A jury convicted Marvin Gray of first-degree premeditated murder, rape, and aggravated burglary.  The Kansas Supreme Court Affirmed.

Gray claims the district court should have sentenced him for intentional second degree murder even though he was convicted of first-degree premeditated murder. Gray asserts that these crimes are identical offenses and points out that, under the identical offense doctrine, a court can only sentence him based on the offense that carries a lower sentence.  But, Gray did not raise this issue at the district court.  Accordingly, the Kansas Supreme Court declined to review the issue.

1. The decision to review an unpreserved claim under an exception is a prudential one. Even if an exception would support a decision to review a new claim, this court has no obligation to do so.

2. Kansas courts presume jury members follow instructions, including limiting instructions regarding the admission and use of prior crimes evidence.


A jury found Anthony Raymond Becker guilty of first-degree premeditated murder. On direct appeal, Becker asserts a claim of prosecutorial error, three claimed errors related to jury instructions, and an illegal sentence of lifetime postrelease supervision. Upon review, we conclude that (1) the prosecutor did not err in his comments in closing argument; (2) the district court did not commit reversible error in failing to instruct on lesser included crimes and on voluntary intoxication; (3) Becker's newly raised constitutional claims are without merit; and (4) there are not cumulative errors that require reversal; but (5) the district court erred in ordering lifetime postrelease supervision following Becker's indeterminate life sentence.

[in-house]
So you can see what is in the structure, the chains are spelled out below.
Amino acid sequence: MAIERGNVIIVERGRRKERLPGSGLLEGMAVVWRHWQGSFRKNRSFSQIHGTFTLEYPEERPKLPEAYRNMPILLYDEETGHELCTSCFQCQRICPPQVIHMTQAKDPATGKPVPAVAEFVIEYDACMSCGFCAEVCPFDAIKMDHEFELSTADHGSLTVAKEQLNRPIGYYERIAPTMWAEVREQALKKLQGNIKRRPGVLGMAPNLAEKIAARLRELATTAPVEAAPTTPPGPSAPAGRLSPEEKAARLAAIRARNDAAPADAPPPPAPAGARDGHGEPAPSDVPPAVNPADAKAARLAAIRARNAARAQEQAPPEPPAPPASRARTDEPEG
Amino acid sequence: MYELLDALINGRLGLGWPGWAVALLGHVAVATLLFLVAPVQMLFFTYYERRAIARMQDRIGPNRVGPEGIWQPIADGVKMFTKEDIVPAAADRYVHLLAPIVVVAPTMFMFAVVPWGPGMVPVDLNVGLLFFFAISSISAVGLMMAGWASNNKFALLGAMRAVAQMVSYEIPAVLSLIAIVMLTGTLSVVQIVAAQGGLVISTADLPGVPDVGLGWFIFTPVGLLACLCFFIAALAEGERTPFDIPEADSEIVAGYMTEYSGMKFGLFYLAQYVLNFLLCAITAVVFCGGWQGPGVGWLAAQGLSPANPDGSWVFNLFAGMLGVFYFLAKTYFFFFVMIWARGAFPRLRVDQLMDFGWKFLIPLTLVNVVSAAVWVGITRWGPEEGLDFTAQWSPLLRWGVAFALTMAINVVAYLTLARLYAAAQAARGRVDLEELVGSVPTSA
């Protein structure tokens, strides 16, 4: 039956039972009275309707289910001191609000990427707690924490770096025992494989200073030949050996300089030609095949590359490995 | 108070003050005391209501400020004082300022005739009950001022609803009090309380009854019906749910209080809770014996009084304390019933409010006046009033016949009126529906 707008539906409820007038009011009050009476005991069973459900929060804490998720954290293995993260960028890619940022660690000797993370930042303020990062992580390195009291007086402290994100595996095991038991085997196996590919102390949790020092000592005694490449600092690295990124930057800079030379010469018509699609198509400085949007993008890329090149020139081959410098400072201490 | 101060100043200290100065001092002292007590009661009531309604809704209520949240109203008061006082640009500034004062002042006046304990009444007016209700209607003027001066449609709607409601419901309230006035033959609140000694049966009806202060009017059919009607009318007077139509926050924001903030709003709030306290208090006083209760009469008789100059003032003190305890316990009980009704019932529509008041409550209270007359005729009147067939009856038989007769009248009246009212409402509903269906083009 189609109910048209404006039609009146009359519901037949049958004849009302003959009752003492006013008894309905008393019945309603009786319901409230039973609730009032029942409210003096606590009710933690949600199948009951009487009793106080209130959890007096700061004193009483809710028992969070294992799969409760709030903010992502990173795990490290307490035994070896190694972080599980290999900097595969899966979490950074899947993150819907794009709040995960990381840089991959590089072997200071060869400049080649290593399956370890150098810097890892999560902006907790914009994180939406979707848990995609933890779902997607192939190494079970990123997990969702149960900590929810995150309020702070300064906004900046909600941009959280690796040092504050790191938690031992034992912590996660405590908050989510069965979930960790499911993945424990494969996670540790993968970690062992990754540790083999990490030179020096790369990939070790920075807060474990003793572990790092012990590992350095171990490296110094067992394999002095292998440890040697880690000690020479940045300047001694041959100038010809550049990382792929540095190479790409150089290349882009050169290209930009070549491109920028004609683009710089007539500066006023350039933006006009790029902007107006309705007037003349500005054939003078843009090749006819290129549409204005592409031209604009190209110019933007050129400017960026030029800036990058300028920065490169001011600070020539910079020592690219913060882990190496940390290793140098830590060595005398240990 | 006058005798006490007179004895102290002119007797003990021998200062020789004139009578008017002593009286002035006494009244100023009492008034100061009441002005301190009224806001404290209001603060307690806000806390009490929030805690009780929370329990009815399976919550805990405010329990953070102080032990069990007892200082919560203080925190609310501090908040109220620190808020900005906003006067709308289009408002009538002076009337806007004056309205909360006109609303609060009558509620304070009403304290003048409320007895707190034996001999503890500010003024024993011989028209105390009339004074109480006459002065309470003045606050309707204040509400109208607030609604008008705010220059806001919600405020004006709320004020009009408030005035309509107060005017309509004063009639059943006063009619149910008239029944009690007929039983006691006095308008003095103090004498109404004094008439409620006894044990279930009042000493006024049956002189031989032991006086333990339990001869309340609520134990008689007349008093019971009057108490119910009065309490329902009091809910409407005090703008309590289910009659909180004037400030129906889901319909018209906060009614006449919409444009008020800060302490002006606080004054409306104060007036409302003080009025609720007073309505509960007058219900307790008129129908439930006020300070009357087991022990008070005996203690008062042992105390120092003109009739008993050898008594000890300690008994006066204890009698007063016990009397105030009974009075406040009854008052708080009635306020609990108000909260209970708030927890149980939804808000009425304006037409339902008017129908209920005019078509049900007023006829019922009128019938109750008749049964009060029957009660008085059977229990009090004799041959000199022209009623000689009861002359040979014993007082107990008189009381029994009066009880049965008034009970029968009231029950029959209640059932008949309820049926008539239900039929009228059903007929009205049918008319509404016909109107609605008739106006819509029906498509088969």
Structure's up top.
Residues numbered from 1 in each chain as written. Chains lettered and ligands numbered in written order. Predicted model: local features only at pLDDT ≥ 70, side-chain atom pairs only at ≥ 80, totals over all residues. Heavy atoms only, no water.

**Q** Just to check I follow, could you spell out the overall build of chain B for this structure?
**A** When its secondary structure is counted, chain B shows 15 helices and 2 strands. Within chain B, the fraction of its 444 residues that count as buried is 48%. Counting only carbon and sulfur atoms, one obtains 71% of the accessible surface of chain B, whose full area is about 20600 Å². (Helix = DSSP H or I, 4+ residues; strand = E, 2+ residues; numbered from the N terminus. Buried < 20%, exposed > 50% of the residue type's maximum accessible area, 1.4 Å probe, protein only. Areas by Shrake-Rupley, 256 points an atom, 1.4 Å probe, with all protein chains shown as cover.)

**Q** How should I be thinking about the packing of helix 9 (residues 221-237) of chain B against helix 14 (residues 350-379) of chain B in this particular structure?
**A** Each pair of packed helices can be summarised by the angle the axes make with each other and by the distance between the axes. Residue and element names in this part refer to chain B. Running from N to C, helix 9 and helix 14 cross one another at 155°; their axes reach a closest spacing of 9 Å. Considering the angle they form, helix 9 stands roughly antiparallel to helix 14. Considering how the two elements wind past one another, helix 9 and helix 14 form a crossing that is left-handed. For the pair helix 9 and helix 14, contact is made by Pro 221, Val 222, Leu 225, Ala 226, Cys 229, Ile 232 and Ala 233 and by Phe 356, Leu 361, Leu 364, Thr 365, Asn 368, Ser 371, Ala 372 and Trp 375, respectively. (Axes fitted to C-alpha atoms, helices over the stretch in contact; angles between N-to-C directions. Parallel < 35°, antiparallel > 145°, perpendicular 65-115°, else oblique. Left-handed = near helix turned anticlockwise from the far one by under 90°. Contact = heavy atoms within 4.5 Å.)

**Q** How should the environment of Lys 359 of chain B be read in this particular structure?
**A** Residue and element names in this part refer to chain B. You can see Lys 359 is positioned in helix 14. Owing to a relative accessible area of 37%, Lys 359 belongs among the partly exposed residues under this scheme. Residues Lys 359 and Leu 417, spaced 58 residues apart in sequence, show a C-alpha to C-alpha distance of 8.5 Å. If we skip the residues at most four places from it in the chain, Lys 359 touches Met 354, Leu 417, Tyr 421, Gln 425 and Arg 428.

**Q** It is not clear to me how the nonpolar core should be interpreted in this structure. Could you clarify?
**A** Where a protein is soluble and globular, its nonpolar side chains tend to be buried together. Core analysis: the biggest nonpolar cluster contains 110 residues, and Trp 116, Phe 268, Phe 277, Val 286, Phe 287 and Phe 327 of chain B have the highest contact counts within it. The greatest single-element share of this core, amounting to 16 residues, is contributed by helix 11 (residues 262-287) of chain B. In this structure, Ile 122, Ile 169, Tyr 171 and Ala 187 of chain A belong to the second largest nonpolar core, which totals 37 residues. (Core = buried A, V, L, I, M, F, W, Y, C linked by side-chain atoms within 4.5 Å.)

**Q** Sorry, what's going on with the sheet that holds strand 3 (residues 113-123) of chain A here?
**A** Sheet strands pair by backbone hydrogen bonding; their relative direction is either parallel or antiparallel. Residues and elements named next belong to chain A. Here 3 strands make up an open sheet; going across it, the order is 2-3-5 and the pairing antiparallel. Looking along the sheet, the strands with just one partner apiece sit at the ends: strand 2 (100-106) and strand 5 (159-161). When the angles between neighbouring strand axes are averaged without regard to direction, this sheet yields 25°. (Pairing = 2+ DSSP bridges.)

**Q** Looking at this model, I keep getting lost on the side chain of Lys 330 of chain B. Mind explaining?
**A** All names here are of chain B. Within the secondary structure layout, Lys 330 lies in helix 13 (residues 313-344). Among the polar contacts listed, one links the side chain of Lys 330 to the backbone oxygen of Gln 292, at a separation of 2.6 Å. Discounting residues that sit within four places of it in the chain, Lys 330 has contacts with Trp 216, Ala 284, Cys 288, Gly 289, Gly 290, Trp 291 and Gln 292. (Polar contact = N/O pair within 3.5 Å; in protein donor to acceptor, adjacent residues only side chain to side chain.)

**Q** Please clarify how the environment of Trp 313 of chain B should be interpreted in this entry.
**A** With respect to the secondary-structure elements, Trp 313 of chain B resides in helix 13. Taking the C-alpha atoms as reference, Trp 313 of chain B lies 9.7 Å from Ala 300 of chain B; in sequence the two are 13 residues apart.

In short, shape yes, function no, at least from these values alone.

1. In determining whether a particular statement falls outside of the wide latitude given to prosecutors, the court considers the context in which the statement was made, rather than analyzing the statement in isolation.

2. Even if a requested lesser included offense instruction would have been both factually and legally appropriate, a district court's failure to give such instruction may still be harmless if the court is convinced there was no reasonable probability that the failure affected the verdict.

3. Under the facts of the case, a district court's failure to give a requested lesser included offense instruction of second-degree homicide was harmless when no evidence was presented to enable the jury to conclude that the homicide was anything other than premeditated.

4. In a noncapital case, a district court's failure to instruct on a lesser included offense does not impair a defendant's constitutional right to a trial by jury or right to due process.

5. Evidence of consumption of an intoxicant near the time of the commission of a crime does not automatically warrant the giving of a voluntary intoxication instruction.

6. When no direct evidence of a defendant's impairment was presented to the jury in a premeditated first-degree homicide trial, a district court does not necessarily err in failing to give a voluntary intoxication instruction even when evidence of consumption of an intoxicant is presented.

7. Relief under the cumulative error doctrine cannot be predicated upon a single error.

8. A sentencing court has no authority to order a term of postrelease supervision in conjunction with an off-grid, indeterminate life sentence.